Friday, February 8, 2013

Cold Month of Love

February seems to me like a month that doesn't demand a ton of you emotionally.  It is muddy, in a spiritual sense.  However, today is Prešeren Day, the Slovenian Cultural Holiday!  Spiritual mud and all, the imperative to celebrate love is constantly reinforced.  Let's submit.

My college-student status at my bank is expiring, which reminds me that about four years ago at this time I was opening a new bank account that would be relatively easy to access in Slovenia, where I would be visiting Marisa.  Most of the pictures you see below were taken by her steady hand.  It was a fun trip:

Fun.  This hostel was full of impudent French teens.


Slovenia is the kind of place that lurks in the back of your (my) mind--it could exist, and you could think about it, but what is there to think?


Here are some suggestions:


Somehow, this is the most famous thing about Slovenia.

2.  Slovenia is different from Slovakia, but they are nearby, relatively speaking.  Slovenia is probably closer to Slovakia than you are.

3.  Slovenia is next to Italy, which is somewhat confusing but also very convenient, in certain circumstances.

4.  There are Alps.  You may ski there.

Shortly before I left I looked at a map that told me that Slovenia lay slightly south of the line between places in Europe whose average winter temperatures are below zero, and those whose are above.  I was extremely encouraged by this.


 Prešeren Day, the Slovenian Cultural Holiday falls on the anniversary of the death of the poet France Prešeren, national poet of Slovenia (as far as I can tell, there are no other contenders for this honor).  He was born in 1800 in what is today Slovenia, and had a lackluster and overall unsuccessful career as a lawyer, but did manage to open his own law firm in 1846, three years before his death.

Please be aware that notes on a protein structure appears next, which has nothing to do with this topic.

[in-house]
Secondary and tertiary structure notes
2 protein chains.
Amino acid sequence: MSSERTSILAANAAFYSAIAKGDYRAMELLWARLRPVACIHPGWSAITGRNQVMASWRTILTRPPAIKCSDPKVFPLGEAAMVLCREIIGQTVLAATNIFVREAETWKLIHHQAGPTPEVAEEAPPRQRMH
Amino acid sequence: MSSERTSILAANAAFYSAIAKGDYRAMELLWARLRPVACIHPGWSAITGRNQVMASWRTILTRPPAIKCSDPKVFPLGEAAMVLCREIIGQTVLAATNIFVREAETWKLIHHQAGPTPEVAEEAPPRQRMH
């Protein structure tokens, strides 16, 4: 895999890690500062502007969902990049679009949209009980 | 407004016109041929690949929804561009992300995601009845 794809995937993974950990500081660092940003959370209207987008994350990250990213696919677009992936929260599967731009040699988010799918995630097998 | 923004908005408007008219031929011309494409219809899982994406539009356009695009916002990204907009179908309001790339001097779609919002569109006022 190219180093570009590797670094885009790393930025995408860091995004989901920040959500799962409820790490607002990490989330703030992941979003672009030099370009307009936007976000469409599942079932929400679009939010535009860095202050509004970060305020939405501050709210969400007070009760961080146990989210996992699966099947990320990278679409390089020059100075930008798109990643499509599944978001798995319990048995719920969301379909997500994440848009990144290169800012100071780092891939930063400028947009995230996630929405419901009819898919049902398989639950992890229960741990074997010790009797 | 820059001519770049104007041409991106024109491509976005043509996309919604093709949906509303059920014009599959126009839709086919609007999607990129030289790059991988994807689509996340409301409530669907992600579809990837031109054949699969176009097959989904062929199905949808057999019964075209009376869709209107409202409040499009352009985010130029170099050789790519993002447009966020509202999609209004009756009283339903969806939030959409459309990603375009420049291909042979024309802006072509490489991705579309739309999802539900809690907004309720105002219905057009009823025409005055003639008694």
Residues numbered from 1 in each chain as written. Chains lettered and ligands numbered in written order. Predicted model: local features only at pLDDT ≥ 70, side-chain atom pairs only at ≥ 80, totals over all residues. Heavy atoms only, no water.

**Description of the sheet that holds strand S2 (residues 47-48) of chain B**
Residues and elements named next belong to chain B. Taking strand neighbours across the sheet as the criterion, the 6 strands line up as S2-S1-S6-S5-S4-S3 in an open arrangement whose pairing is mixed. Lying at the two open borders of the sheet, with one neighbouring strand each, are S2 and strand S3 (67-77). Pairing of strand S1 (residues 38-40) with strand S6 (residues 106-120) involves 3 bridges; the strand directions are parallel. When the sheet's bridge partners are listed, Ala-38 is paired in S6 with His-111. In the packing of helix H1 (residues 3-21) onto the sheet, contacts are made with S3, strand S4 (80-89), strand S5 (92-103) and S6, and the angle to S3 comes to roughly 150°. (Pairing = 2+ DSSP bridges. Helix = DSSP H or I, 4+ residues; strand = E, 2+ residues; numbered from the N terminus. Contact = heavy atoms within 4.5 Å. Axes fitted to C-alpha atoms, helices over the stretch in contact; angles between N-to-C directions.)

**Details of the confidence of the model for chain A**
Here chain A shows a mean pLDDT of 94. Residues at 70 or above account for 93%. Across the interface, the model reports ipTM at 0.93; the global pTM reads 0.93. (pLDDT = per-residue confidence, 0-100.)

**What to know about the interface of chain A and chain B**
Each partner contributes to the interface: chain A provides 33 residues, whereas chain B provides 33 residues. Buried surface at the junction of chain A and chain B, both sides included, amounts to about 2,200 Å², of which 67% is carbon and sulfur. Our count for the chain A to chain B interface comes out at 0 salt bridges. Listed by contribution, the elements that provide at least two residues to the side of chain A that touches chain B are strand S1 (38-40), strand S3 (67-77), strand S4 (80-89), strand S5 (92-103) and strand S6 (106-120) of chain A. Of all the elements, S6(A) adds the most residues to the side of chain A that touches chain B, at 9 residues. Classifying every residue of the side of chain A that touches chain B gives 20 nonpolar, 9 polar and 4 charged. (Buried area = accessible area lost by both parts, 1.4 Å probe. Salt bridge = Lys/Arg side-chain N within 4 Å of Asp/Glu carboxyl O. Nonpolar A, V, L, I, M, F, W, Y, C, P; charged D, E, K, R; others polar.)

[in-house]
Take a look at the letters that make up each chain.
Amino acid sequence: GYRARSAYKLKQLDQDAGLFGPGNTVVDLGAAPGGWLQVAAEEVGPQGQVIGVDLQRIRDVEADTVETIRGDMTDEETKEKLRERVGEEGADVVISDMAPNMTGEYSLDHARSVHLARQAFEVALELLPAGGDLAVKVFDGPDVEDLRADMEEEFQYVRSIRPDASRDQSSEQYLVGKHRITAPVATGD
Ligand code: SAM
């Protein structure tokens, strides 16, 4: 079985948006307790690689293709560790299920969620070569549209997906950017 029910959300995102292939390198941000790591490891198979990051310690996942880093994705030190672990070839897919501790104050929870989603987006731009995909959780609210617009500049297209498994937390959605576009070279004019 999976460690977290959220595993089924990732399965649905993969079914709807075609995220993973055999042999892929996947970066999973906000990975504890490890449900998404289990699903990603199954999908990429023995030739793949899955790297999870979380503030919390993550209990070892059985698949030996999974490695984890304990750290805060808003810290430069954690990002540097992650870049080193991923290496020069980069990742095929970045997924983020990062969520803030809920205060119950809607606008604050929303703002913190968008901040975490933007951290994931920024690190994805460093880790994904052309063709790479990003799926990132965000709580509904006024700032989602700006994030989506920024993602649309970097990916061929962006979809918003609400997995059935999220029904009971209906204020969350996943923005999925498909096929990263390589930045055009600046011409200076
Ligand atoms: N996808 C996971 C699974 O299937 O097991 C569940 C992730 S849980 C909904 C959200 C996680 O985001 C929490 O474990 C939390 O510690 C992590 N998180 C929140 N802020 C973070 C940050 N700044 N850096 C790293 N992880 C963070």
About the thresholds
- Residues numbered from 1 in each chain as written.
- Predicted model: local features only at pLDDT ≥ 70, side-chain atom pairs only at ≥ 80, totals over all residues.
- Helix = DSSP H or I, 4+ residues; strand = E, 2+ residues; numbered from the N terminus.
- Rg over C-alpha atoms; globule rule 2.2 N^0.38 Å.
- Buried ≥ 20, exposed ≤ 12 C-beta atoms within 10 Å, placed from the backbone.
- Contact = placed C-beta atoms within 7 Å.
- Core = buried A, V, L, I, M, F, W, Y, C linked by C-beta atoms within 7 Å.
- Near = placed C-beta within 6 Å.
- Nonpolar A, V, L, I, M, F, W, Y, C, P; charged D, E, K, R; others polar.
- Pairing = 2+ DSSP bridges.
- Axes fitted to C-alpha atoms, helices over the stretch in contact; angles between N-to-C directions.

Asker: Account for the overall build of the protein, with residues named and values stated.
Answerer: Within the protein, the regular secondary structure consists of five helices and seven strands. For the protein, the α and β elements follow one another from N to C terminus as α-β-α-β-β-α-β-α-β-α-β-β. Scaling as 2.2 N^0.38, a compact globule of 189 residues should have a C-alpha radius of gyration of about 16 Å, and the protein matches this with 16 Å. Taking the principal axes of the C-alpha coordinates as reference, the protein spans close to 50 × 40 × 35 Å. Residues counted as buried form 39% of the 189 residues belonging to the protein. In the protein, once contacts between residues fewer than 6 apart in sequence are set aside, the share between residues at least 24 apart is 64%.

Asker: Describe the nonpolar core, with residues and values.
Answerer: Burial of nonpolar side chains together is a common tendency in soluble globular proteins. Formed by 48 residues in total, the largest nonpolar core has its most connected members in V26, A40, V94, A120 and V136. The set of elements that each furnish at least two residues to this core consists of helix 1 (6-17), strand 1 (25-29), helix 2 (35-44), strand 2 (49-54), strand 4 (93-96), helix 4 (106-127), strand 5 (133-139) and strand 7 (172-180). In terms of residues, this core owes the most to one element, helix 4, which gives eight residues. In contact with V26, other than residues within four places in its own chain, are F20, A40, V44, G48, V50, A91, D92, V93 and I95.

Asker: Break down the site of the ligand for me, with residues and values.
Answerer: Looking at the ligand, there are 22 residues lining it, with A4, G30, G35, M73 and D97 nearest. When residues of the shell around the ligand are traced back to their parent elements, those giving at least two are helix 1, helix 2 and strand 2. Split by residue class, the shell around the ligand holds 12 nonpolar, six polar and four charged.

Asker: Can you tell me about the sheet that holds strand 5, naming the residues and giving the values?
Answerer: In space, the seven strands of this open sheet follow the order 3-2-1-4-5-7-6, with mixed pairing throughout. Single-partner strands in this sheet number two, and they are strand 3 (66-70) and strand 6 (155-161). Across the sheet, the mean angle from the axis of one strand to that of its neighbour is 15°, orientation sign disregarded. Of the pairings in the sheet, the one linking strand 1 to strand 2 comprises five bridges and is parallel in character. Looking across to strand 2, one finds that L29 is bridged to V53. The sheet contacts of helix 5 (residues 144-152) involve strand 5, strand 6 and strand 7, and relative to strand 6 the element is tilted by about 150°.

Both of these portraits are approximations.  He avoided having his portrait done his entire life, to the day of his death (today).



He was kind of a mess.  But he had a job to do (Romantic poet), and he did it well.  He networked with other Romantic poets.  He produced a national epic.  And, he remained in unconsummated, unrequited love for almost two decades, despite a marriage to someone else and several affairs.
 164 years ago today, he confessed that he had always loved the woman he had first fallen in love with, Julija Primic.  She, in turn, seems to have done pretty well at the job of poet's muse.


Ms. Primic.
This is a rendition of her, located on a wall on the main square in Ljubljana.  Its gaze is directed toward the statue that sits in the center of the square, of the man she wasn't in love with.

Watch out for an upcoming post about the realities of Carnival, as shown at the bottom of the frame.
 

 Let my poem, like a shrine, contain - your name;
In my heart shall ever proudly reign - your name;
Let my countrymen hear echoes, east and west,
Of the music in that joyous strain - your name;
On this shrine shall nations henceforth read your fame;
Here it stays to glow and glow again - your name.
When both you and I have crossed in Charon's boat,
Even then the glory will remain - your name.
More than Cynthia, Laura, Delia and Corrina,
Time will ever hallow my refrain - your name. 

Which seems true, since I am blogging about her.  Maybe this is consolation enough.



So today, raise a glass of pretty good beer to a pretty good Romantic poet from a small, pleasant country.  And, enjoy!

2 comments:

Jane said...

You should do a series on things people don't know about Eastern European countries. Even if just for my benefit, because I would definitely benefit from knowing more about Eastern European countries than I presently do.

Then learn Kazakh and come be the translator when I do field work.

Emmo said...

Fortunately/unfortunately, I think that's what this blog is. It may also be my ideal career.